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September 1981

Research in Otolaryngology-Head and Neck Surgery

Author Affiliations

San Antonio, Tex

Arch Otolaryngol. 1981;107(9):526-527. doi:10.1001/archotol.1981.00790450002002

Medical knowledge is acquired slowly and almost always with difficulty, for, in the process of discovery, one ventures into the unknown with only a vague idea of the destination and precious little insight about how to get there. Generation of ideas and theories, the first phase of research, has throughout medical history begun at the bedside, where the identification of clinical problems and the development of solutions have come from clinical observations made by astute and intellectually curious physicians. More recently, biomedical scientists have initiated studies based on observations that they have made about problems, inconsistencies, and knowledge gaps either from the laboratory or from within the body of medical knowledge.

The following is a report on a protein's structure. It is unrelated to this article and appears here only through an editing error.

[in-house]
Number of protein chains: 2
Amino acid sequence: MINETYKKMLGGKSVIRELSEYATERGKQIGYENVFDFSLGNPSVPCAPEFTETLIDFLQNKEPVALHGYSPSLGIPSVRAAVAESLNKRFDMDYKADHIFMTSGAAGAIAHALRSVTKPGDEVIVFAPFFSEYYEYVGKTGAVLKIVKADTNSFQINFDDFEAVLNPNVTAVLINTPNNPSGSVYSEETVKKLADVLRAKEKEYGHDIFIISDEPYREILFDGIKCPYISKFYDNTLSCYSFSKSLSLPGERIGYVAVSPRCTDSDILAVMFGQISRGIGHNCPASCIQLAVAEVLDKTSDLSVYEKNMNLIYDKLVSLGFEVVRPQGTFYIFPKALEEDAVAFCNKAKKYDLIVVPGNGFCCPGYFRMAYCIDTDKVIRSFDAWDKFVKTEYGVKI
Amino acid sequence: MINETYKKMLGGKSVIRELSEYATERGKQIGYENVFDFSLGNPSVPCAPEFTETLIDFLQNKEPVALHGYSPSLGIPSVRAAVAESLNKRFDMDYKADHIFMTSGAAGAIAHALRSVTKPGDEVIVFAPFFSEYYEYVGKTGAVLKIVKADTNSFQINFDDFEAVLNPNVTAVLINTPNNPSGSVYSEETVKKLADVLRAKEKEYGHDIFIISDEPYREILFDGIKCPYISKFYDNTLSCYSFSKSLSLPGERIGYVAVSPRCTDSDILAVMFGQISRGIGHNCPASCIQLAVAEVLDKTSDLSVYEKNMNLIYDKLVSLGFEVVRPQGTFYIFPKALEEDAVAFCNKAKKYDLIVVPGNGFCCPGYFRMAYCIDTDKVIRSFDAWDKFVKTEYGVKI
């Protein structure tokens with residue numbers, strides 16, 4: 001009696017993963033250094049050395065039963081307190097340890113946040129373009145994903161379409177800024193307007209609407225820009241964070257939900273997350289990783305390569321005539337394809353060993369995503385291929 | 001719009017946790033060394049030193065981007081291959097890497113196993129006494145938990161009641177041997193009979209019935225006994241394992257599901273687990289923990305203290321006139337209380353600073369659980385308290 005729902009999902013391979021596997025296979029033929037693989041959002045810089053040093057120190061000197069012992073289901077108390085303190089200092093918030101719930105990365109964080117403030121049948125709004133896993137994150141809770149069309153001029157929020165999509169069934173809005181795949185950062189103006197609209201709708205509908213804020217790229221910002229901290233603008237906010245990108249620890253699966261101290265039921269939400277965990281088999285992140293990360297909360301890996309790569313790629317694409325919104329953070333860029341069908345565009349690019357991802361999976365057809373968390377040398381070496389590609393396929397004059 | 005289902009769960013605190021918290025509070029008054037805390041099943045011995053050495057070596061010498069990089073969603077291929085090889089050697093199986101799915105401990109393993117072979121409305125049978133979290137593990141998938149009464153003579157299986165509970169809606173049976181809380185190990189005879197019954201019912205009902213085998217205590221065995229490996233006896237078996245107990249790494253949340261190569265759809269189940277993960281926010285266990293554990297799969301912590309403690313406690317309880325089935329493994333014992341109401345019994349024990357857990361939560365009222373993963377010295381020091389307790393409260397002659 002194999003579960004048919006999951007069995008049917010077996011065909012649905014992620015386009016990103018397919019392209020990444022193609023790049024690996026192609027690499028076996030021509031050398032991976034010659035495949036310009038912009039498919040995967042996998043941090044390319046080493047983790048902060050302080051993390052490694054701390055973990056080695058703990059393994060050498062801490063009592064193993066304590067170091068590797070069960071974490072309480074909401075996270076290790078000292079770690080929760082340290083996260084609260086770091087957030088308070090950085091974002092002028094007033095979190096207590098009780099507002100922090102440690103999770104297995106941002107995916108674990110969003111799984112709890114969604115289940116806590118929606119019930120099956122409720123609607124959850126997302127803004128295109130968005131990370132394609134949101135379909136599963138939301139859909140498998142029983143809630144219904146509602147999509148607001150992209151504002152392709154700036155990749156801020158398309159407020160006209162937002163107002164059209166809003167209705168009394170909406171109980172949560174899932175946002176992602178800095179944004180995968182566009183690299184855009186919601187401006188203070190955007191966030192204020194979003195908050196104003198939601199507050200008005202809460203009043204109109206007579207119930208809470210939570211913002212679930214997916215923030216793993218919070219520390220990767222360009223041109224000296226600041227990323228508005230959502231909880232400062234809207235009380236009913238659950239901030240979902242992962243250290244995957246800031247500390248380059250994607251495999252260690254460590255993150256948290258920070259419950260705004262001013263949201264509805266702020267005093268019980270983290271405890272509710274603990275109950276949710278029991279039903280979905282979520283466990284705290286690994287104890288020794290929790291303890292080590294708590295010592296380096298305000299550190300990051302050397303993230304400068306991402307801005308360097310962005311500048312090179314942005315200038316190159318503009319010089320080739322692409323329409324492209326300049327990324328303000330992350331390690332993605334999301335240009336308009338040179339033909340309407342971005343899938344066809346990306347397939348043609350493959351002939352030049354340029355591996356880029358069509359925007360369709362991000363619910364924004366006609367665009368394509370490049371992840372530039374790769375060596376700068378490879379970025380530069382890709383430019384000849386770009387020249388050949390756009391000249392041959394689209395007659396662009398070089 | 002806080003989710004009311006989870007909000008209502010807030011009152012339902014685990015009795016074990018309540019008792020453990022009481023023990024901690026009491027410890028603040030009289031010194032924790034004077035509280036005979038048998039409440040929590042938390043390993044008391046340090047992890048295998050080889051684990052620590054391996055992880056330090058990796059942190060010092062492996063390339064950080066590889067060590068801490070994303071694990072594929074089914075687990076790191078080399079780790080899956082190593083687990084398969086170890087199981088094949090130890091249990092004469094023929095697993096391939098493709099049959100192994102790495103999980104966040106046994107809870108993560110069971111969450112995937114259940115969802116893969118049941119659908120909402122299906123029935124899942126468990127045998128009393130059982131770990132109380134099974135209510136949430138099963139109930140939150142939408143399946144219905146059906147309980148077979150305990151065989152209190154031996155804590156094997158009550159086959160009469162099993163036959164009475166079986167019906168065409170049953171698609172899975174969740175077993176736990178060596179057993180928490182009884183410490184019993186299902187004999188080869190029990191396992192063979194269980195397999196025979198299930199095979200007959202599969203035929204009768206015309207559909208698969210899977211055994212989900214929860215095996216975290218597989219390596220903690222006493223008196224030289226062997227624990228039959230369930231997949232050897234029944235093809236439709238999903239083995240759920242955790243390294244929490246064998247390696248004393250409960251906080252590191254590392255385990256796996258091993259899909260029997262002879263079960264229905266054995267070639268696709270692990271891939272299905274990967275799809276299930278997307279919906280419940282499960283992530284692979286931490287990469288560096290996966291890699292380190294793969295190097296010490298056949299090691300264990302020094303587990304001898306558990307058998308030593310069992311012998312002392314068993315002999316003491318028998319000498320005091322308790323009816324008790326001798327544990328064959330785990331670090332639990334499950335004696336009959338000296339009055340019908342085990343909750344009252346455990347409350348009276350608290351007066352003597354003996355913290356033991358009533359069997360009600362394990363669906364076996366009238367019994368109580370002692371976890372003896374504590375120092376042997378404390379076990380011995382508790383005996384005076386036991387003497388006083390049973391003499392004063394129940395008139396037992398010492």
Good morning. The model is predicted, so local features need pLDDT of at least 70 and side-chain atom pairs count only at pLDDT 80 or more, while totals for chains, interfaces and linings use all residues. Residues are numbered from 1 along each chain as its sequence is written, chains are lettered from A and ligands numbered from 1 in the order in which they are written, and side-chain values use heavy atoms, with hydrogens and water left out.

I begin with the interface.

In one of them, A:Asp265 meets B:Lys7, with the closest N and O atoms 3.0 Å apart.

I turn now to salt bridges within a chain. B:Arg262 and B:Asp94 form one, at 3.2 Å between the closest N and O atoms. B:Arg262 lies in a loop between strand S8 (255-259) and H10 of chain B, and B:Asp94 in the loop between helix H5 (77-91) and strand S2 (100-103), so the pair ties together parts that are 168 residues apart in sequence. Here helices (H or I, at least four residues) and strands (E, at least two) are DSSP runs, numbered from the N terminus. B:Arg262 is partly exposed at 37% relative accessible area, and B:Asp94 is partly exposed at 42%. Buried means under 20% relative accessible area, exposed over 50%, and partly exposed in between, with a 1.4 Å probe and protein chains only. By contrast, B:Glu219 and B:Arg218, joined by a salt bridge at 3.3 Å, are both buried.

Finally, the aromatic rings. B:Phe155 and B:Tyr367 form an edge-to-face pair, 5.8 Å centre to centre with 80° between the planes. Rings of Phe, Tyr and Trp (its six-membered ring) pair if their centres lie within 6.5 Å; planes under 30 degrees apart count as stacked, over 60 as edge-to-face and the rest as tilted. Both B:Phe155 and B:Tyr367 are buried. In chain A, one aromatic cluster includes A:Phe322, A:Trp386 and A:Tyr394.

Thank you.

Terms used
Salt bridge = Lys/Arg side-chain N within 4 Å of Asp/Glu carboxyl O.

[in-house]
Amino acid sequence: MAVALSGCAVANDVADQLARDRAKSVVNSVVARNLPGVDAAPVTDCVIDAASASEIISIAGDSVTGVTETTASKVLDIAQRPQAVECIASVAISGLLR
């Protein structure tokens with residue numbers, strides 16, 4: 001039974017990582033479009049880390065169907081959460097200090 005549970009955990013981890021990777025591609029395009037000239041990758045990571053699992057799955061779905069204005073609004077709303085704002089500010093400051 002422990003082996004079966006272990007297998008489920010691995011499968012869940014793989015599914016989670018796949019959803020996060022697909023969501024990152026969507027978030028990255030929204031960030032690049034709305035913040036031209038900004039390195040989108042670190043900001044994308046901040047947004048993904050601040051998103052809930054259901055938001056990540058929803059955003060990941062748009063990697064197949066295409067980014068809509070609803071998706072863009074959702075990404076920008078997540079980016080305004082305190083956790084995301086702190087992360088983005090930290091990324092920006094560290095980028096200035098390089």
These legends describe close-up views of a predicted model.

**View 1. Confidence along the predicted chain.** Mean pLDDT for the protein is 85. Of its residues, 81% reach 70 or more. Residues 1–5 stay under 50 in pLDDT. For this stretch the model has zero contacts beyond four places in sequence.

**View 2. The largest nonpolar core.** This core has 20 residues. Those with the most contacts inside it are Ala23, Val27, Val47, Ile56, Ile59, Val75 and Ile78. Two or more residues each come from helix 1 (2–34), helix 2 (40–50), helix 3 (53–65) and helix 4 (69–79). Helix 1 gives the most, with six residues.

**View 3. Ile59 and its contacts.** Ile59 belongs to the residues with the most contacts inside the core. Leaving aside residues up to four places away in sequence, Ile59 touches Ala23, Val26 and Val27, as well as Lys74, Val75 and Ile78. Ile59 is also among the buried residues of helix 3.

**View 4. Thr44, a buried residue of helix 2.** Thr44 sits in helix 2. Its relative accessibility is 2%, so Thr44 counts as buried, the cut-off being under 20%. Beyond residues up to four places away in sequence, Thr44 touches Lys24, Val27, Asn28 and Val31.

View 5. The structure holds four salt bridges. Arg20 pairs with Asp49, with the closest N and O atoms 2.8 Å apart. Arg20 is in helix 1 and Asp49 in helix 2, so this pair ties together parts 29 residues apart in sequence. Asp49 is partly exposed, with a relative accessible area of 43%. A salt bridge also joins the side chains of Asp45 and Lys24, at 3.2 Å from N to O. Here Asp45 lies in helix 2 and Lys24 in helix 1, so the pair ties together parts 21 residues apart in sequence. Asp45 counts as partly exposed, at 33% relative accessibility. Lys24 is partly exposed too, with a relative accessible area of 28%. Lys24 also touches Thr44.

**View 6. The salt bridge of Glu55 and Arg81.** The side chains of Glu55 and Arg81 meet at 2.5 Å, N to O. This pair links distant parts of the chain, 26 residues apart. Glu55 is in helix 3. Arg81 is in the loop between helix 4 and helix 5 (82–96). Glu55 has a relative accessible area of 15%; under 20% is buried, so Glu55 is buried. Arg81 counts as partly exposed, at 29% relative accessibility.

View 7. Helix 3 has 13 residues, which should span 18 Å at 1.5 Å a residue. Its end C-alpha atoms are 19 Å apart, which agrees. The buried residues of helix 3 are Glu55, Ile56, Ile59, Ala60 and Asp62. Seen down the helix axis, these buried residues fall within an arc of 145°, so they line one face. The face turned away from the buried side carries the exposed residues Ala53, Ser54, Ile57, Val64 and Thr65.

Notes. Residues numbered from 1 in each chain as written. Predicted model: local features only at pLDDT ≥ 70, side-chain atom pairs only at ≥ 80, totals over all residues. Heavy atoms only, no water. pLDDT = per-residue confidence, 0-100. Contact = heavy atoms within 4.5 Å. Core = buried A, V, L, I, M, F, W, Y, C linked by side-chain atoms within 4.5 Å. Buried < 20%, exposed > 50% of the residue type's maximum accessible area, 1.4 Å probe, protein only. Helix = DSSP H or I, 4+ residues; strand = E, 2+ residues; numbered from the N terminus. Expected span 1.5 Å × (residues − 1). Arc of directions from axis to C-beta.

However, no matter how ideas develop, they must be refined into specific hypotheses and tested experimentally in the laboratory—the second phase. The bulk of the ongoing biomedical research effort is concentrated in this stage of information gathering, documentation, testing,

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